By Nancy Monson, Next Avenue Contributor
There have never been more great programs to watch on TV — and the bills to watch them have never been higher. So more and more Americans are getting fed up with their soaring cable bills and cutting the cord. They’re finding it easier to do than in the past and no longer need to sacrifice viewing options to save money.
The trend is accelerating at a dizzying pace. According to the research firm eMarketer, 50 million Americans will be streaming TV via an Internet connection by 2021.
I made the switch last year to cut the cord and, after looking into this some more, have advice on how you might do it too.
Also on Forbes:
Tired of $300 Monthly Cable Bills
In my case, I’d gotten tired of paying $300 monthly cable bills and spending an aggravating hour on the phone with my cable company every time there were erroneous charges.
I wound up keeping my internet service ($45 a month with tax) and hooked up to Hulu Live through an Amazon Fire TV Stick for basic live TV channels. The Fire TV Stick is a device costing about $50 that looks like a flash drive and goes into your TV to watch streaming channels; it’s similar to Google Chromecast and Roku. I also have pay for Netflix and Amazon Prime accounts, as well as a free Pluto TV account, which offers lots of movies and older TV shows. And now that “Game of Thrones” is back, I’ve added on a stand-alone HBO account on a month-to-month basis. That adds up to lot of content to watch.
“The flexibility of cord-cutting is what really shines over traditional cable TV,” says Dennis Restauro, president of the consumer tech site . Cord cutting means there are no contracts or hidden fees and you don’t have to haggle with a cable rep over packages. You can also cancel the services at any time with the push of a button.
“With cord-cutting, you can be more nomadic in trying different services, and you have more control over when and where you watch shows and movies,” notes Jim Kimble, owner and founder of The Cord Cutting Report.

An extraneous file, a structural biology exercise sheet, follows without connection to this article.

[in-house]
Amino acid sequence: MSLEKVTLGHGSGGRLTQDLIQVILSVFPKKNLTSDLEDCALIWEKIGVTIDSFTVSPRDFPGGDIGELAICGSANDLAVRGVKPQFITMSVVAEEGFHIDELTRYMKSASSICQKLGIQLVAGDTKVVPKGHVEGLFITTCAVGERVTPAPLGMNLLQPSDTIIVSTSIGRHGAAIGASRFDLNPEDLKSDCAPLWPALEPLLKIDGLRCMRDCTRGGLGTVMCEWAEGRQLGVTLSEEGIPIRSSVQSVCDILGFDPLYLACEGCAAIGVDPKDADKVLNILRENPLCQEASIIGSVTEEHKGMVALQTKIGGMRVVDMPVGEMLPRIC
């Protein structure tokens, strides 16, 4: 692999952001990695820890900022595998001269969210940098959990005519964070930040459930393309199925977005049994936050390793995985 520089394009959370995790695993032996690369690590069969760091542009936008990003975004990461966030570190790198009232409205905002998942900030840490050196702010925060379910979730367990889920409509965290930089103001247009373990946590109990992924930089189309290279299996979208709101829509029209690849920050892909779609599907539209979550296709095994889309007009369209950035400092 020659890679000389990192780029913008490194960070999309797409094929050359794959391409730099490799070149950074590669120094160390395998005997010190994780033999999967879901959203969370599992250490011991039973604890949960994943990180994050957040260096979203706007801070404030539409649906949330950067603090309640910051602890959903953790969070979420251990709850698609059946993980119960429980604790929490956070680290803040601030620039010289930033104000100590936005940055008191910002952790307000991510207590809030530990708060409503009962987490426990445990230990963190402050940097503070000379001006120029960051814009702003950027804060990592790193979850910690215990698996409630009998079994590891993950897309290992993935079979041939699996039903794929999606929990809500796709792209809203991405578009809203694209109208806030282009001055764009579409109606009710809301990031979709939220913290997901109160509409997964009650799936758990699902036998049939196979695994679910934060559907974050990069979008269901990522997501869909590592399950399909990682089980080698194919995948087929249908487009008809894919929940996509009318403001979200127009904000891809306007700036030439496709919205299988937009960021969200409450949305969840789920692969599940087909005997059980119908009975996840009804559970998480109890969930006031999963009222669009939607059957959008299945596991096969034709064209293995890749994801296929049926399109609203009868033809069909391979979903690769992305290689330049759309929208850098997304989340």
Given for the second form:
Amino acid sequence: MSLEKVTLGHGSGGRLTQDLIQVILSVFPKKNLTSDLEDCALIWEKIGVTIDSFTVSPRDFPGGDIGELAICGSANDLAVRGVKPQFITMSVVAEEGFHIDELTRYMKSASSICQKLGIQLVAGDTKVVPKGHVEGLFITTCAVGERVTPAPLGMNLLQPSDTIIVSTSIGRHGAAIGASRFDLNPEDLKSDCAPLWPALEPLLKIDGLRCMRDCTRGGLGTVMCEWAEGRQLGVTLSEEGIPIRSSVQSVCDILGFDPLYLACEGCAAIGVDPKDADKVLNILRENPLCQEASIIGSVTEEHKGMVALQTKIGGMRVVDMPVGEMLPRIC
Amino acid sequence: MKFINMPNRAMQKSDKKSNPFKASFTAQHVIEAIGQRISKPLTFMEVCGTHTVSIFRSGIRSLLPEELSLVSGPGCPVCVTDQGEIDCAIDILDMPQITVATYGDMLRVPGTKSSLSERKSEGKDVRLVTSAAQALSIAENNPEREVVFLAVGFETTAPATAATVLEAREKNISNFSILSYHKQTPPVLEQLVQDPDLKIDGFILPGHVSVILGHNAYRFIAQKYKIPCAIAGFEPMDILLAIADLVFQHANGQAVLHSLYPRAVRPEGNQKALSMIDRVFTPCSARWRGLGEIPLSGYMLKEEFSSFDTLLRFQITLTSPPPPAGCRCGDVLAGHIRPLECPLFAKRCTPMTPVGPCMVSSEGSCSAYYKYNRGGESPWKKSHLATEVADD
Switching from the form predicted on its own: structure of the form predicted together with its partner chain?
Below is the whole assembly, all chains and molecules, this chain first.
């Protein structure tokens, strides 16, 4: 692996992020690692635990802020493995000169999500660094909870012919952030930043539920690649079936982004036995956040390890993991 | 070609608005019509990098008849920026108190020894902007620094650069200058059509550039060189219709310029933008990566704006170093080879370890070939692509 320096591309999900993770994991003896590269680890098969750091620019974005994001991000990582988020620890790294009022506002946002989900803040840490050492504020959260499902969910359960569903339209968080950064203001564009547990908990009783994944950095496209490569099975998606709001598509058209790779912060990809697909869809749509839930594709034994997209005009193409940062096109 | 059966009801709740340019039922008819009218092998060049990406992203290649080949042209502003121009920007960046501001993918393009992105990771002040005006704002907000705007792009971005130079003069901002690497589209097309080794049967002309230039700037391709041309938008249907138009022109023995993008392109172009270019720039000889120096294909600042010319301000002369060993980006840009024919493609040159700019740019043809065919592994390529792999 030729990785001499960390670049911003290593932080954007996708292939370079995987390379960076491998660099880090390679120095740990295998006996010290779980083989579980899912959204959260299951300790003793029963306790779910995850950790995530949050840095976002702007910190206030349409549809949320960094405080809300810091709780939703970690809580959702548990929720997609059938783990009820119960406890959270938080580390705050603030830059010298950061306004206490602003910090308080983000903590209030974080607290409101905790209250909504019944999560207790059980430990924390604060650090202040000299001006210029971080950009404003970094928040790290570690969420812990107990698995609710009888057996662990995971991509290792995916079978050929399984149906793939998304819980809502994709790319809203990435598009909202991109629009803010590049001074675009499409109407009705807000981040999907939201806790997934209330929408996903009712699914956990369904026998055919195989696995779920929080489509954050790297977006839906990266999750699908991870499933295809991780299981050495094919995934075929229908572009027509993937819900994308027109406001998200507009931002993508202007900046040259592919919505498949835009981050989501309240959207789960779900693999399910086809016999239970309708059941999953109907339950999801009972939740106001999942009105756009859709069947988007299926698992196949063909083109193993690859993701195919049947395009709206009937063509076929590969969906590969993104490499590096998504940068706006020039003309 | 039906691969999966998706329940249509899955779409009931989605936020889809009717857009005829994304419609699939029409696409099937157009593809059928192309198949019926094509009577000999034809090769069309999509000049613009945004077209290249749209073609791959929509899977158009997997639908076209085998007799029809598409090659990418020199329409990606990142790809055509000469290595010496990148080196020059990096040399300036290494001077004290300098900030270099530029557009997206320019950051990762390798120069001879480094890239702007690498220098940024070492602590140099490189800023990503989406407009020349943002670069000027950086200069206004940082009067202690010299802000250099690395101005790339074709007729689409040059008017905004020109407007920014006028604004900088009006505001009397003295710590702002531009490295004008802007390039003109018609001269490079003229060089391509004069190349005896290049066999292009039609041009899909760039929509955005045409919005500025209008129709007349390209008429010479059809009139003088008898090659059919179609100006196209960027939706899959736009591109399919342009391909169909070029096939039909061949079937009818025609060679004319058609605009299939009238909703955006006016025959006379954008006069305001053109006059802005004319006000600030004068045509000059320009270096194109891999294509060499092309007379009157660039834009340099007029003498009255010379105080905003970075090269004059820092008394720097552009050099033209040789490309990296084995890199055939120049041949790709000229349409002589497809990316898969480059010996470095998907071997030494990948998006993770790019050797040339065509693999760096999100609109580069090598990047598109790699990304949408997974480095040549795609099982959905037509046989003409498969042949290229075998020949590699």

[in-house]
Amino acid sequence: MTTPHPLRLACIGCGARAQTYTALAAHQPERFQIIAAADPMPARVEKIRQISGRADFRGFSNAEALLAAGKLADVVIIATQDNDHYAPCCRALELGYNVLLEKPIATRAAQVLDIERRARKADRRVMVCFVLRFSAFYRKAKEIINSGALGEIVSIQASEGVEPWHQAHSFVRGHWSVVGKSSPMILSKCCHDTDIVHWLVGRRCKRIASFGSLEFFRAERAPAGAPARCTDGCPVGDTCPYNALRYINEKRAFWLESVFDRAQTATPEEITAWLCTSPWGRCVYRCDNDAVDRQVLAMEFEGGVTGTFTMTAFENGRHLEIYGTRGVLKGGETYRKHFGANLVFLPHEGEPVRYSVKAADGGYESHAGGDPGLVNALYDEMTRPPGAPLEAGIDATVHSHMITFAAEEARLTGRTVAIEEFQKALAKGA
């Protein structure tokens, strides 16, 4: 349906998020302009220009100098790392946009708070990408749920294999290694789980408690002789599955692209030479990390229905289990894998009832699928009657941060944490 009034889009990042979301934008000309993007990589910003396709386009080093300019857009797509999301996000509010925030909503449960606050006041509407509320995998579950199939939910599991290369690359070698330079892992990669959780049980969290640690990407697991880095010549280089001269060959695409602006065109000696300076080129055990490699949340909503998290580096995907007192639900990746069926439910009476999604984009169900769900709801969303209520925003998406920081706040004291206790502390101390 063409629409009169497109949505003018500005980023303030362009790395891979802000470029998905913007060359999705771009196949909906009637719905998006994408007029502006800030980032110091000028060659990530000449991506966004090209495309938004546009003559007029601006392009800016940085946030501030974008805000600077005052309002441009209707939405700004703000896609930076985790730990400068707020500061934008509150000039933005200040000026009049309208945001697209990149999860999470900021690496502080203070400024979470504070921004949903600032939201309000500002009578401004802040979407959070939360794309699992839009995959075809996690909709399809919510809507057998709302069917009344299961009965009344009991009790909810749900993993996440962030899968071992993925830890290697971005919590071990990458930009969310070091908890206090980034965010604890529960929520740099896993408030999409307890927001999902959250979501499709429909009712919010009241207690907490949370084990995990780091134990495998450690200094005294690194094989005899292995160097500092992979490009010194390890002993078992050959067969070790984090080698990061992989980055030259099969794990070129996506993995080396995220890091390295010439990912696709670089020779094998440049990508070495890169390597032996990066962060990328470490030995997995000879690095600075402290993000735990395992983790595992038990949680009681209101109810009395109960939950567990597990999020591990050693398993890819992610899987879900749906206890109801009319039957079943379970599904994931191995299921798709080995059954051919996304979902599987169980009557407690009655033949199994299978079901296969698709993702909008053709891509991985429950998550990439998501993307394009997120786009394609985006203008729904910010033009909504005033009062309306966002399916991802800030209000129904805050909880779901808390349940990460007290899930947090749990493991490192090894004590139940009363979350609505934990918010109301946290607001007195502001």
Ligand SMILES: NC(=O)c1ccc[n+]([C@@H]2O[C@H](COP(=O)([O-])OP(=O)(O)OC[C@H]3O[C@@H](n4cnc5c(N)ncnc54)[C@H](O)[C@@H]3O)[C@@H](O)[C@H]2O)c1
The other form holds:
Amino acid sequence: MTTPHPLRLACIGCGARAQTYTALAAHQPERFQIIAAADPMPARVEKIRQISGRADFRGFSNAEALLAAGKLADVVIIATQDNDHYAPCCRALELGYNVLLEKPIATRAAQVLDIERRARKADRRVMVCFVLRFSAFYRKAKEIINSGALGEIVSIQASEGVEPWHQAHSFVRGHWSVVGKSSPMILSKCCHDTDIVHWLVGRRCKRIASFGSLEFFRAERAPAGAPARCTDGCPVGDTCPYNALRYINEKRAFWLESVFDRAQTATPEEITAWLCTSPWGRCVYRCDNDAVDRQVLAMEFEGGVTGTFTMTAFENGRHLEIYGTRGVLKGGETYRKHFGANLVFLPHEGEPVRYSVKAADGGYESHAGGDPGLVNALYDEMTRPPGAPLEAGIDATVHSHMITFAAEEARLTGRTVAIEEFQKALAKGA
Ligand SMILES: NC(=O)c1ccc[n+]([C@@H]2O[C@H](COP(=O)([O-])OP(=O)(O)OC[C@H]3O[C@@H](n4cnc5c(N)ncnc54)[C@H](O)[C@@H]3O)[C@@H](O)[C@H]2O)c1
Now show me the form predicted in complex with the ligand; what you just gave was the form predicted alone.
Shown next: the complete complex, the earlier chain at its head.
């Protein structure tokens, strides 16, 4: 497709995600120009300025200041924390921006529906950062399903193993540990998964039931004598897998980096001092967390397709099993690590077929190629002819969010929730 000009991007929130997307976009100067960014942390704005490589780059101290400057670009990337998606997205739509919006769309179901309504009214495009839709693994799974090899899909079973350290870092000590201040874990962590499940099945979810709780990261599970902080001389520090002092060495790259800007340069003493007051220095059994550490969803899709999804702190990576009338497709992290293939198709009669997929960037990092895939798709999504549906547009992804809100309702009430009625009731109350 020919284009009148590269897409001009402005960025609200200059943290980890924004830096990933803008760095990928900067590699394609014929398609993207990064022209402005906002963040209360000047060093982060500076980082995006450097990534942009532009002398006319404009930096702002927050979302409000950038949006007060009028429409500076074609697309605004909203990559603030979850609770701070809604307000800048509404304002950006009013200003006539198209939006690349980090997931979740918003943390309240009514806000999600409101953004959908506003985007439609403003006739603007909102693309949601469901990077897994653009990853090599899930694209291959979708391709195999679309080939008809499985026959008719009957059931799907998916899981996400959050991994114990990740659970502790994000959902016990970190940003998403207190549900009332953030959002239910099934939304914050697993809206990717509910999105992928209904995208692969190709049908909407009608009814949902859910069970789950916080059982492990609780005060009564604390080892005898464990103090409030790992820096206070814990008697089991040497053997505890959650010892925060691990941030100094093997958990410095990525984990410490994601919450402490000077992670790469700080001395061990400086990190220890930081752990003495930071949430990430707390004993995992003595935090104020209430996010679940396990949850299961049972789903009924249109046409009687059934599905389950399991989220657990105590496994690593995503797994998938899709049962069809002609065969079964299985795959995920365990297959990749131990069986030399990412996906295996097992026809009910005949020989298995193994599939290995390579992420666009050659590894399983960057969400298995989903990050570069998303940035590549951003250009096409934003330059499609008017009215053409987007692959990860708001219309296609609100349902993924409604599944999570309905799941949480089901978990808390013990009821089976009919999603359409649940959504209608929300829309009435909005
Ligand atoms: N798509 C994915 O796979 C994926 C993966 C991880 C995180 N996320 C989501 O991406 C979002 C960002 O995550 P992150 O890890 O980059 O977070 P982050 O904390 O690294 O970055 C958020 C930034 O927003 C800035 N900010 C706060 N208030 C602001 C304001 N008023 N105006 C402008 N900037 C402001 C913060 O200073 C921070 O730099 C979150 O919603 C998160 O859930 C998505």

A Wall Street Journal story recently cited data from Kagan, S&P Global Market Intelligence noting that the average cable customer pays more than $90 a month plus another $57 a month for high-speed internet. Compare that to monthly streaming services from Amazon, Netflix and Hulu that tend to run between about $9 a month and $45 a month.
Pros and Cons of Cutting the Cord
But cutting the cord isn’t quite as simple as advocates sometimes suggest. It takes some effort and thinking about your viewing preferences as well as wading through all of your options can be overwhelming.
First, you’ll want to weigh the pros and cons of cutting the cord:
3 Pros of Cord Cutting
- The cost savings can be significant. I’m typically saving $40 to $50 a month.
- You get a Cloud DVR (rather than an actual physical DVR box). The Cloud DVR comes with many live TV subscriptions at no extra charge and lets you “tape” shows to watch at your convenience.
- You can watch on your laptop, tablet or phone while traveling. When I’m on a train or plane or in a hotel room, I often watch shows over the streaming apps on the Hulu Live app I have on my Kindle Fire or iPhone (which are just like the ones I have on my TV at home).
3 Cons of Cord Cutting
- It can be cumbersome to move between channels. For some reason, Hulu Live doesn’t have an online TV guide, for instance. So you may need to consult a separate guide to see what’s coming on next. (I use a TV Guide app.) It also takes a few steps to change from one platform like Hulu Live to Netflix, Amazon and other streaming services. “You may find cable TV easier to navigate,” says Restauro, “but is that worth an additional $40 a month?”